Does a person’s skin type affect how long they can be exposed to ultraviolet rays before experiencing skin damage? Absolutely. The European Sunlight Association states that ‘the amount of UV exposure needed to acquire a tan varies according to your skin type’. But why? It’s all to do with the effect that UV exposure has on internal processes.
How Does Tanning Work?
When the skin is exposed to UV rays - either from the sun, or from a sunbed - it can damage the outer layer of the skin known as the epidermis. In an effort to protect the skin, the body naturally produces more melanin, which is the pigment that gives skin its colour. Melanin absorbs the UV radiation, resulting in less damage to the epidermis.
Understanding Skin Types
People who naturally produce more melanin are better protected from UV rays. On the other end of the scale, those with lower melanin levels are more likely to burn in the sun.
In 1975, American dermatologist Thomas B. Fitzpatrick was the first to categorise people with varying levels of melanin into different groups, inventing the Fitzpatrick Skin Phototype classification system that identified six distinct skin types across the world:
Type I: Skin is typically very pale and burns easily, but does not tan
Type II: Skin is pale and burns easily, but can develop a light tan over time
Type III: Skin is fair but not pale, and may tan following initial burning
Type IV: Skin is olive or light brown in colour, and tans easily after burning
Type V: Skin is brown and tans very easily, although mild burning may still occur
Type VI: Skin is black and well protected, it never burns but can tan darker
The World Health Organization (WHO) took the Fitzpatrick system and went one step further, dividing the six skin types into three sub-categories. According to WHO, types I and II are ‘melano compromised’, and must try to prevent exposure to UV radiation. Types III and IV are ‘melano competent’ and can withstand short periods of exposure, while types V and VI are ‘melano protected’ and can safely spend longer in the sun.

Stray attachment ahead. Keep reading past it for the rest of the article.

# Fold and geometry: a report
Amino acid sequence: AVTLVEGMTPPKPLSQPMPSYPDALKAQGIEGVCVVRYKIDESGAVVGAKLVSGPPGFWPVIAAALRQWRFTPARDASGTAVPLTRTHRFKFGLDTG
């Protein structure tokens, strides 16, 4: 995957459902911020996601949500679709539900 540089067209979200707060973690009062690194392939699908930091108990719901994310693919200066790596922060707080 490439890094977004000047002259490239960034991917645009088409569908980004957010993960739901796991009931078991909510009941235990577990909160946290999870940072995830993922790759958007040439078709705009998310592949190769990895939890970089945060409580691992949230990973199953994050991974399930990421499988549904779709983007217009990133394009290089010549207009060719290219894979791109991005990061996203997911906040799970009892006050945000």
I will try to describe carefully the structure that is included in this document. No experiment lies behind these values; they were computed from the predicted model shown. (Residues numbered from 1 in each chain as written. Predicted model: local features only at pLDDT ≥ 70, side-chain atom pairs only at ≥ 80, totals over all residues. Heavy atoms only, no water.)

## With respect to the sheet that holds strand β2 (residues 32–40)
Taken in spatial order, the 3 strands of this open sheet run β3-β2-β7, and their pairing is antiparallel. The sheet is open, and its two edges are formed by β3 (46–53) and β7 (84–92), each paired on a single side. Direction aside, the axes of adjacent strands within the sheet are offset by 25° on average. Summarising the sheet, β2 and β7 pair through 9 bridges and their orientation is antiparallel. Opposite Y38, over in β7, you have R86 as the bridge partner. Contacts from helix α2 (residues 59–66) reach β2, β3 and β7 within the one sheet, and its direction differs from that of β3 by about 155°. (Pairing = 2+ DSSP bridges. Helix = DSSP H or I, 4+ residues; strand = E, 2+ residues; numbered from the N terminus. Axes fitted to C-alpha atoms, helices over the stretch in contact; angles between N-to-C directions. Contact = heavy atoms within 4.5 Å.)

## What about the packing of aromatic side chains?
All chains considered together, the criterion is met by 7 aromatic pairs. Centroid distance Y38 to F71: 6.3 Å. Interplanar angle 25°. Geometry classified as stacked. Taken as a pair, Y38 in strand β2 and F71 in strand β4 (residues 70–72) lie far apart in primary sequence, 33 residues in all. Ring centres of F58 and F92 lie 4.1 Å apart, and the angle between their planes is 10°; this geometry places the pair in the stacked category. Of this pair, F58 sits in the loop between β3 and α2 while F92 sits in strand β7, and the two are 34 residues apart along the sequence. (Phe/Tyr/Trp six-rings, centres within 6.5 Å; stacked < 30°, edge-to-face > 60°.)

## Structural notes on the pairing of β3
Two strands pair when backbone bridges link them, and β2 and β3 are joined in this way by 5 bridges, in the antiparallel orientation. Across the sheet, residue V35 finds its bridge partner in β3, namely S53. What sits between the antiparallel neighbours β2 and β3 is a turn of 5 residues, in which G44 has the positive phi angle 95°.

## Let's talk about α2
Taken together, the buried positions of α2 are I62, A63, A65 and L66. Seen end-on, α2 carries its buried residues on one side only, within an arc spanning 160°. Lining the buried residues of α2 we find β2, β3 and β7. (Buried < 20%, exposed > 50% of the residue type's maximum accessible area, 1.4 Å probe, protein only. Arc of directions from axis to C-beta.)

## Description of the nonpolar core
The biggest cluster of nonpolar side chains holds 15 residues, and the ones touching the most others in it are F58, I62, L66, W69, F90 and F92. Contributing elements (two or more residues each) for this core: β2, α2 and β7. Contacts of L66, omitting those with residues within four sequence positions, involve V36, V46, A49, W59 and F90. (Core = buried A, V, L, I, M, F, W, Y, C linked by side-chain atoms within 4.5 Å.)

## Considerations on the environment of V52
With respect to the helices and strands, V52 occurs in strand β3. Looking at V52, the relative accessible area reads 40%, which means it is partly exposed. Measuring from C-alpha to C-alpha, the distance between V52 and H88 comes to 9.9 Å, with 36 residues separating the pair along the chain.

How Long Should Sunbeds be Used For?
It is not recommended that those with Skin type I use a sunbed for any length of time as this type typically does not tan. Other skin types may use a sunbed for limited periods:
Type II: 3 minute sessions for 3 days, building up to 6 minutes by day 6
Type III & IV: 4 minute sessions for 3 days, building up to 8 minutes by day 6
Type V & VI: 5 minute sessions for 3 days, building up to 10 minutes by day 6
The initial shorter sessions allow for the body to ramp up melanin production to produce a mild base tan than can help to prevent skin damage. Once this base tan has been established - typically by day 3 - it may be possible to double exposure time by day 6.
The most important thing to understand is that longer sessions do not result in a better tan. Instead, it is likely that a long session could cause the skin to burn, and result in long term damage that may not become apparent for a number of years. Instead, it is much better to have regular short sessions to develop a safe, healthy, and glowing tan.